High school boys golf teams in Colorado have been told they can tee up for practice beginning Aug. 3.
That is the regular start date for the season in a normal year. Still, the rest of the fall sports season is still awaiting the fate of a decision by state officials after the Colorado High School Activities Association previously submitted a plan to resume fall sports during the COVID-19 pandemic. No decision has yet been made.
According to Ryan Casey of CHSAANow.com, boys golf was not included in those submitted plans because golf is able to play under the current guidelines that state has allowed for outdoor activities
“Aug. 3 is the date I’ve got, so that’s our plan for today,” said Durango High School golf coach Kirk Rawles. “Which means it will probably change by Monday and again Tuesday and Wednesday and Thursday and Friday. But that’s the date we’ve gotten from CHSAA, so that’s what we are going to prepare to do.”
Some school districts are not allowing school sponsored activities while students continue distance learning from home online. Joe Fries, the head coach of Basalt High School golf, said students will continue off-campus learning until Sept. 21, and he does not anticipate the Longhorns beginning golf Aug. 3. He said more decisions will be made this week.
Coaches and teams will have to follow a list of health protocols when the season does begin. Rawles’ biggest concern is travel and overnight trips. Typically, the Demons take advantage of a road trip and will play two tournaments in two days during stops in Fruita, Grand Junction and Montrose.
“I don’t know if we can manage it or if we are going to need parent participation in some of that,” Rawles said. “For golf, we narrow it down to the five best players to take on trips. We don’t have a lot of people to deal with, but our past travel has put four kids in a room together. That, obviously, will not happen. So, it’s a combination of protocols to follow to keep everybody safe and healthy while managing budgets on additional rooms.”
Rawles said there are tournaments the Demons could play starting Aug. 6. For now, his first planned tournament is Aug. 10 in Fruita. He hopes to play again later that week with two tournaments in Montrose.
The boys golf season is fast and furious with the state tournament the first week of October. This year, the Class 4A state championship tournament will be held at the Air Force Academy. A location for Durango’s regional tournament has not yet been set.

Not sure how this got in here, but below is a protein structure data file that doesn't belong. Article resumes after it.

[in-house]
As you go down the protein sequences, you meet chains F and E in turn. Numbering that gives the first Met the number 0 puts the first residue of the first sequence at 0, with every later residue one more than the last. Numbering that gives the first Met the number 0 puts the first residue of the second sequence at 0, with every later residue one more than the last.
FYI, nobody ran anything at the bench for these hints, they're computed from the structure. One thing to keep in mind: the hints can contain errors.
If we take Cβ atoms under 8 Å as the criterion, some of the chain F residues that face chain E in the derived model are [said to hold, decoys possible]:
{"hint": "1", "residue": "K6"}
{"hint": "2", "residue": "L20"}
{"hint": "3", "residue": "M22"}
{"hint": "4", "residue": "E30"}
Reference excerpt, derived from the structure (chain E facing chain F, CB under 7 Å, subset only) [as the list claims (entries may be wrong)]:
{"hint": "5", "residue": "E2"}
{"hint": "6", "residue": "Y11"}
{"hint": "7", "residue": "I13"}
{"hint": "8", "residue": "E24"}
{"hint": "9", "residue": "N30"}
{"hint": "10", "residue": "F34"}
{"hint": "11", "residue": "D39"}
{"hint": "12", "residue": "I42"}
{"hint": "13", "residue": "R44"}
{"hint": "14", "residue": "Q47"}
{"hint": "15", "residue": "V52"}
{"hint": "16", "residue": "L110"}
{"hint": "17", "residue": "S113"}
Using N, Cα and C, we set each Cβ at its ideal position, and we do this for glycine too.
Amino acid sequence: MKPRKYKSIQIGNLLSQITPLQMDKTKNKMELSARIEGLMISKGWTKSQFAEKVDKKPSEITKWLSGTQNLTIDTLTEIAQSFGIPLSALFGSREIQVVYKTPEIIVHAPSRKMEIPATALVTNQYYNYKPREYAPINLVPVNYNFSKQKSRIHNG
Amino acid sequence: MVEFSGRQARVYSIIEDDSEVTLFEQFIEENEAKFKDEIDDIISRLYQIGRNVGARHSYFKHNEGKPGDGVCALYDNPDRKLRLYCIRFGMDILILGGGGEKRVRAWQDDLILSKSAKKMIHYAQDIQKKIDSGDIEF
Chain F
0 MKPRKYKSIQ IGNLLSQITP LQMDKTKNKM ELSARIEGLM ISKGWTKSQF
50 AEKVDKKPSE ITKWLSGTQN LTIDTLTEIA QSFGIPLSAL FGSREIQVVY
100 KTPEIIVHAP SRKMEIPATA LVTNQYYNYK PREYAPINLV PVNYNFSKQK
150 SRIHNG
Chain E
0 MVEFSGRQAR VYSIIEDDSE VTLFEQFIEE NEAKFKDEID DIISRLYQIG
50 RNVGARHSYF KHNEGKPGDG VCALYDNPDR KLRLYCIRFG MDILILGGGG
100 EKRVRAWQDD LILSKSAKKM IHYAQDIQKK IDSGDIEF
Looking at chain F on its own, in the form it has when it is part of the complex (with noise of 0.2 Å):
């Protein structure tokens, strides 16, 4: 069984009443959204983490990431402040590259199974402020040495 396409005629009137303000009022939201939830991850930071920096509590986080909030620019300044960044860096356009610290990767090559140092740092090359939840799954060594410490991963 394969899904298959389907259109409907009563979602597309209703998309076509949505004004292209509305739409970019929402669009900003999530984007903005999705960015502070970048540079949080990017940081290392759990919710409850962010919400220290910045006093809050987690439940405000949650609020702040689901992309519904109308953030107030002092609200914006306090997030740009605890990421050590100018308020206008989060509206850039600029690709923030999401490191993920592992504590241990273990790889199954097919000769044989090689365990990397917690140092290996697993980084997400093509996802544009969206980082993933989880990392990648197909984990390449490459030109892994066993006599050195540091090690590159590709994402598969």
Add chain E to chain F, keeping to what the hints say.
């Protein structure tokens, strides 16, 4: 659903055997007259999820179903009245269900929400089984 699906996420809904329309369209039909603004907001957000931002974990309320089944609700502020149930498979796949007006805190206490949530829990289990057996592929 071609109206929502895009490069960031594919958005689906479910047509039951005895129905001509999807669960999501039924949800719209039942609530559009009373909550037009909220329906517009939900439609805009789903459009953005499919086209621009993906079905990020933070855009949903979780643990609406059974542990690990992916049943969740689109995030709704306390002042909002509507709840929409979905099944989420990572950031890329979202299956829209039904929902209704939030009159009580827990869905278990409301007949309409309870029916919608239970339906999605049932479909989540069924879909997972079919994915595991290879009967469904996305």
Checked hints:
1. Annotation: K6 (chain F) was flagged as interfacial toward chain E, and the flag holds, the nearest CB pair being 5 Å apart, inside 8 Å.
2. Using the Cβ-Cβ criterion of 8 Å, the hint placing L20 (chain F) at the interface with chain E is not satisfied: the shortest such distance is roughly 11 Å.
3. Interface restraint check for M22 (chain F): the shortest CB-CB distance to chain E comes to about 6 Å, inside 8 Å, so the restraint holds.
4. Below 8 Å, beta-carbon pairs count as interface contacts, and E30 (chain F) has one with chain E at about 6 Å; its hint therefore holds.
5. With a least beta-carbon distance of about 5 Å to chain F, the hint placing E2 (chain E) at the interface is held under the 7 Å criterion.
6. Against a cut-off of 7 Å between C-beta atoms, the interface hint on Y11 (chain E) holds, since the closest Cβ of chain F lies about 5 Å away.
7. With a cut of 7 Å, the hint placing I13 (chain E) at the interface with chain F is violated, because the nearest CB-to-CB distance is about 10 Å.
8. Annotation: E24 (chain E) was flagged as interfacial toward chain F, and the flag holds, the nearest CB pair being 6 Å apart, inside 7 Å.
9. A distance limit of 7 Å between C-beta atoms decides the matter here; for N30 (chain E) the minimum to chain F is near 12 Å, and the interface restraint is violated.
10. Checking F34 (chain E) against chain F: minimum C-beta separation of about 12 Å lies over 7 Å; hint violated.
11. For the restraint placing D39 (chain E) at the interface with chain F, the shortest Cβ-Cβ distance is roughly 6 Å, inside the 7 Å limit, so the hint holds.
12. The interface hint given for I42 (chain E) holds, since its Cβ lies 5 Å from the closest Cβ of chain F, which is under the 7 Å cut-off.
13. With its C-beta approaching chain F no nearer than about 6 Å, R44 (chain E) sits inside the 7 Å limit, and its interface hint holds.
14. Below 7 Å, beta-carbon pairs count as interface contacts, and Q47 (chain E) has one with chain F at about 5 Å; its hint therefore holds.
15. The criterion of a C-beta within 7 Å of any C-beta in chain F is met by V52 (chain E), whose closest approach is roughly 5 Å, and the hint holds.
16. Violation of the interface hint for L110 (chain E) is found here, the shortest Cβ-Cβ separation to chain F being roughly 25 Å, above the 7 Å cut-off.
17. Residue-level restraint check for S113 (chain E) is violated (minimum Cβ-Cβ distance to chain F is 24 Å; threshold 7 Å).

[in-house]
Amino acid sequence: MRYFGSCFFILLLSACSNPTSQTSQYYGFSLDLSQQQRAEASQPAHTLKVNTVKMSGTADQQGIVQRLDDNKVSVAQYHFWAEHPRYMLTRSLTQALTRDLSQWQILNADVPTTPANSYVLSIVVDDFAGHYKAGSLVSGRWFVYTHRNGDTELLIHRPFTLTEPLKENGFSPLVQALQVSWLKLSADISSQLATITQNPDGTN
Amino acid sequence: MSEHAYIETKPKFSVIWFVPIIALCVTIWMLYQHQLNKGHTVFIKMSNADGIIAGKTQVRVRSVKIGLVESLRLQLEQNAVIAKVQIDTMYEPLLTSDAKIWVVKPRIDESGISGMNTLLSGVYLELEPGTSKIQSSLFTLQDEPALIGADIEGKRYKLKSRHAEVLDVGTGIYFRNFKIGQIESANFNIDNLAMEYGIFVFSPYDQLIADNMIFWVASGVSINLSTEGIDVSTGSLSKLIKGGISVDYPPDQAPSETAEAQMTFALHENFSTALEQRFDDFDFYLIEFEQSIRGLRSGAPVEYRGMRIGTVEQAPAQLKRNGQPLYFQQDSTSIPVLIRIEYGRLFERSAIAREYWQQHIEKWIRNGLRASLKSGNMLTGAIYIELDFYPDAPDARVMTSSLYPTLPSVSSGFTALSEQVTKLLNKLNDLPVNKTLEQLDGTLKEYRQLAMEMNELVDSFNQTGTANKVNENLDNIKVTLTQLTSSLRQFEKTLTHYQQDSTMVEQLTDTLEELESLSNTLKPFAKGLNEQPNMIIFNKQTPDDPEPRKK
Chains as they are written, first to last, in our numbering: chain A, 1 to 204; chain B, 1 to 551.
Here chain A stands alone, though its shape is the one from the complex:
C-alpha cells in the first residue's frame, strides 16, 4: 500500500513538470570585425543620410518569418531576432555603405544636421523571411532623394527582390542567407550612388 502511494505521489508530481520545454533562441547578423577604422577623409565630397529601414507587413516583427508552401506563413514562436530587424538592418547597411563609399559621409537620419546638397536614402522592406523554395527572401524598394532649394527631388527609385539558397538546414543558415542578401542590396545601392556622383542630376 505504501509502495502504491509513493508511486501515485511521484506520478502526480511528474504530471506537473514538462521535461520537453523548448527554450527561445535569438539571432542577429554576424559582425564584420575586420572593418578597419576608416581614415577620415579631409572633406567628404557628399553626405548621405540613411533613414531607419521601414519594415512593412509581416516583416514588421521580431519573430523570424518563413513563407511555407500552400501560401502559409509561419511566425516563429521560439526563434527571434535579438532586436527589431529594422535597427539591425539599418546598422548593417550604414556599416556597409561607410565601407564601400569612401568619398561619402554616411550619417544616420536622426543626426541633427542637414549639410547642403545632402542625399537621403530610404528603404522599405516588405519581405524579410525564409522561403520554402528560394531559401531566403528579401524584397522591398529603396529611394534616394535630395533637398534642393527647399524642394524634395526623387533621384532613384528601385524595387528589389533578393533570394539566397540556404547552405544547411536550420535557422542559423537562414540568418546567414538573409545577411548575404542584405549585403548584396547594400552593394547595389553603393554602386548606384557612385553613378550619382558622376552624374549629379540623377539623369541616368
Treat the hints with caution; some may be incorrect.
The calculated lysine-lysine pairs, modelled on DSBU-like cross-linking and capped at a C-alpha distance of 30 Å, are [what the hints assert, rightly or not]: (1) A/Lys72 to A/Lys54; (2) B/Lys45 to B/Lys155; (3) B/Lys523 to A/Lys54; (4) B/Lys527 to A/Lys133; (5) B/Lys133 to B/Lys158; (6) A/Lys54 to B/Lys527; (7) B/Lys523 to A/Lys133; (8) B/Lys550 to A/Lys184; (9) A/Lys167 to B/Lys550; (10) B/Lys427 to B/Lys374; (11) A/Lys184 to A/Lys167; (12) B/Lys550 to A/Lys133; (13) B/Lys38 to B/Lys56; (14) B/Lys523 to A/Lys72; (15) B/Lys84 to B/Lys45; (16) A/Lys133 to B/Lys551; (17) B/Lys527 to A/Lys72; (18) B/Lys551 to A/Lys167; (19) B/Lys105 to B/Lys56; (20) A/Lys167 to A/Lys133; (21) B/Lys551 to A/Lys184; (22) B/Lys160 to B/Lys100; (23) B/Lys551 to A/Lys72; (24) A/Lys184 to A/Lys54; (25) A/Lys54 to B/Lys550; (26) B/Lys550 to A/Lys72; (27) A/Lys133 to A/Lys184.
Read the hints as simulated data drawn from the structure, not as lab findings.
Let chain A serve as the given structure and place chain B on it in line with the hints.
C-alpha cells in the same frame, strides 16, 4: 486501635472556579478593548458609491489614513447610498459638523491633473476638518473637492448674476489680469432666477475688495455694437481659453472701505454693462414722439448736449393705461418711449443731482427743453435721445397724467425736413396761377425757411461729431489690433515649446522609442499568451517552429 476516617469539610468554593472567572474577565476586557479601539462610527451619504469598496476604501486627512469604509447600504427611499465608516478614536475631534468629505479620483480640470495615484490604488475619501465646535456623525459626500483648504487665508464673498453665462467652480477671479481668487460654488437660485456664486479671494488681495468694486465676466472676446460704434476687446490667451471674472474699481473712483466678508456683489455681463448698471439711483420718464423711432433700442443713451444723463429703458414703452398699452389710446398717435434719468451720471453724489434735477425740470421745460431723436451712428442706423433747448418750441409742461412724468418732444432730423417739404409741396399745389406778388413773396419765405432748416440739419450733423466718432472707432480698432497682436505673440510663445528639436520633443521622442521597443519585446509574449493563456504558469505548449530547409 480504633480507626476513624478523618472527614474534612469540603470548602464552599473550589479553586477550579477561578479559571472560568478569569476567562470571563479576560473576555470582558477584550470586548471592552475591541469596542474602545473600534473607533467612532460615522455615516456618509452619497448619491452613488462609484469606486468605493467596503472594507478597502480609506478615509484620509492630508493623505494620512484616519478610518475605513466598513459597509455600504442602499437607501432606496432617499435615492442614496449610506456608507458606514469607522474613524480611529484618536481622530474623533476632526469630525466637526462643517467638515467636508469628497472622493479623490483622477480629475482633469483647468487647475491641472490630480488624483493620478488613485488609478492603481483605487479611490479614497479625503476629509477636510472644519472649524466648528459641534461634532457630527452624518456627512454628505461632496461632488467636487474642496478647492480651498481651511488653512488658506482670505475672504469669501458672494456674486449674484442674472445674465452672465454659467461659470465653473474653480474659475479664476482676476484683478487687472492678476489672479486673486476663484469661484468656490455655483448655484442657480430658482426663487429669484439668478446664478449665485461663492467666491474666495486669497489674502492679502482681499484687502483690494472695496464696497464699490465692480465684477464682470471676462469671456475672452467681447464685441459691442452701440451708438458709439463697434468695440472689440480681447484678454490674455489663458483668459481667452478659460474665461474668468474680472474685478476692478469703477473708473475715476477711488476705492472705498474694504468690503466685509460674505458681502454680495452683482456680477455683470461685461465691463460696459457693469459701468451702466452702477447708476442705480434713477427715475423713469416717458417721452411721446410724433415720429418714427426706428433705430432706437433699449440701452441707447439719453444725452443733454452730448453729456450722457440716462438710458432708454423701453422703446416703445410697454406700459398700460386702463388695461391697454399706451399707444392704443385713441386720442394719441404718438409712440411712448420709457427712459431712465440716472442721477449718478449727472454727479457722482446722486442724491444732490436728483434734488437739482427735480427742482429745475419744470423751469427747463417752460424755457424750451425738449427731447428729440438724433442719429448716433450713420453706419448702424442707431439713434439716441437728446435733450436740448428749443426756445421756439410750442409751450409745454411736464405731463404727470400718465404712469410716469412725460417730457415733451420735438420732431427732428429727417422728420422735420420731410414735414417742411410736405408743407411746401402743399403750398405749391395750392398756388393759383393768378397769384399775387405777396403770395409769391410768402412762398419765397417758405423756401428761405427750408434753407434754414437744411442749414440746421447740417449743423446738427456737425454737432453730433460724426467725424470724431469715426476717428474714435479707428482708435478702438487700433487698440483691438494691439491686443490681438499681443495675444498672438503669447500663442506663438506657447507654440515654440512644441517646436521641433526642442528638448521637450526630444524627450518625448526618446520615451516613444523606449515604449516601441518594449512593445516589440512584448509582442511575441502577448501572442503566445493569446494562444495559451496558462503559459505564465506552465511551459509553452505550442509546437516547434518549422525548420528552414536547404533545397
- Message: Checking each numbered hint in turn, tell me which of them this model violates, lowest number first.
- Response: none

Golf was the first sport to resume during the COVID-19 pandemic. Locally, Hillcrest Golf Club and Dalton Ranch opened in early April with health protocols in place to ensure social distancing on the course. Holes also were modified so players don’t have to take the flag out or reach their hand into the cup to retrieve their ball after a made putt.
Those protocols have worked, and golf courses have been busy this summer. Rawles believes course guidelines paired with those from CHSAA and the school district will make it possible for a fall golf season to be held, though he still imagines some bumps along the way.
“The New Mexico fall golf season has been pushed to the spring, so we would typically go down there for a couple of events for easy single-day trips. Now, we won’t get those,” Rawles said. “We do have single-day trips planned for Pagosa Springs and Cortez, and we plan to host a two-day tournament at Dalton Ranch and Hillcrest in September.
“I’ve talked with Jim Foltz, the golf coach up at Fort Lewis College, and we are talking about creating some competition up at Hillcrest for our two teams. He’s got a lot of freshmen, and I’ve got some well-seasoned upperclassmen who are competitive. We could have some fun, healthy competition with that to stay sharp.”
Rawles typically embraces having a large roster of players come out for golf, but he said that could make practices difficult this year with the distancing and crowd guidelines in place. One other worry is that if other fall sports such as football, soccer and cross-country are postponed until the spring, it could lead to even more students joining golf this year.
“I’m excited but also concerned kind of wondering how to deal with it,” he said. “I could end up with an exorbitant number of athletes playing golf. Therein lies a manageability issue.”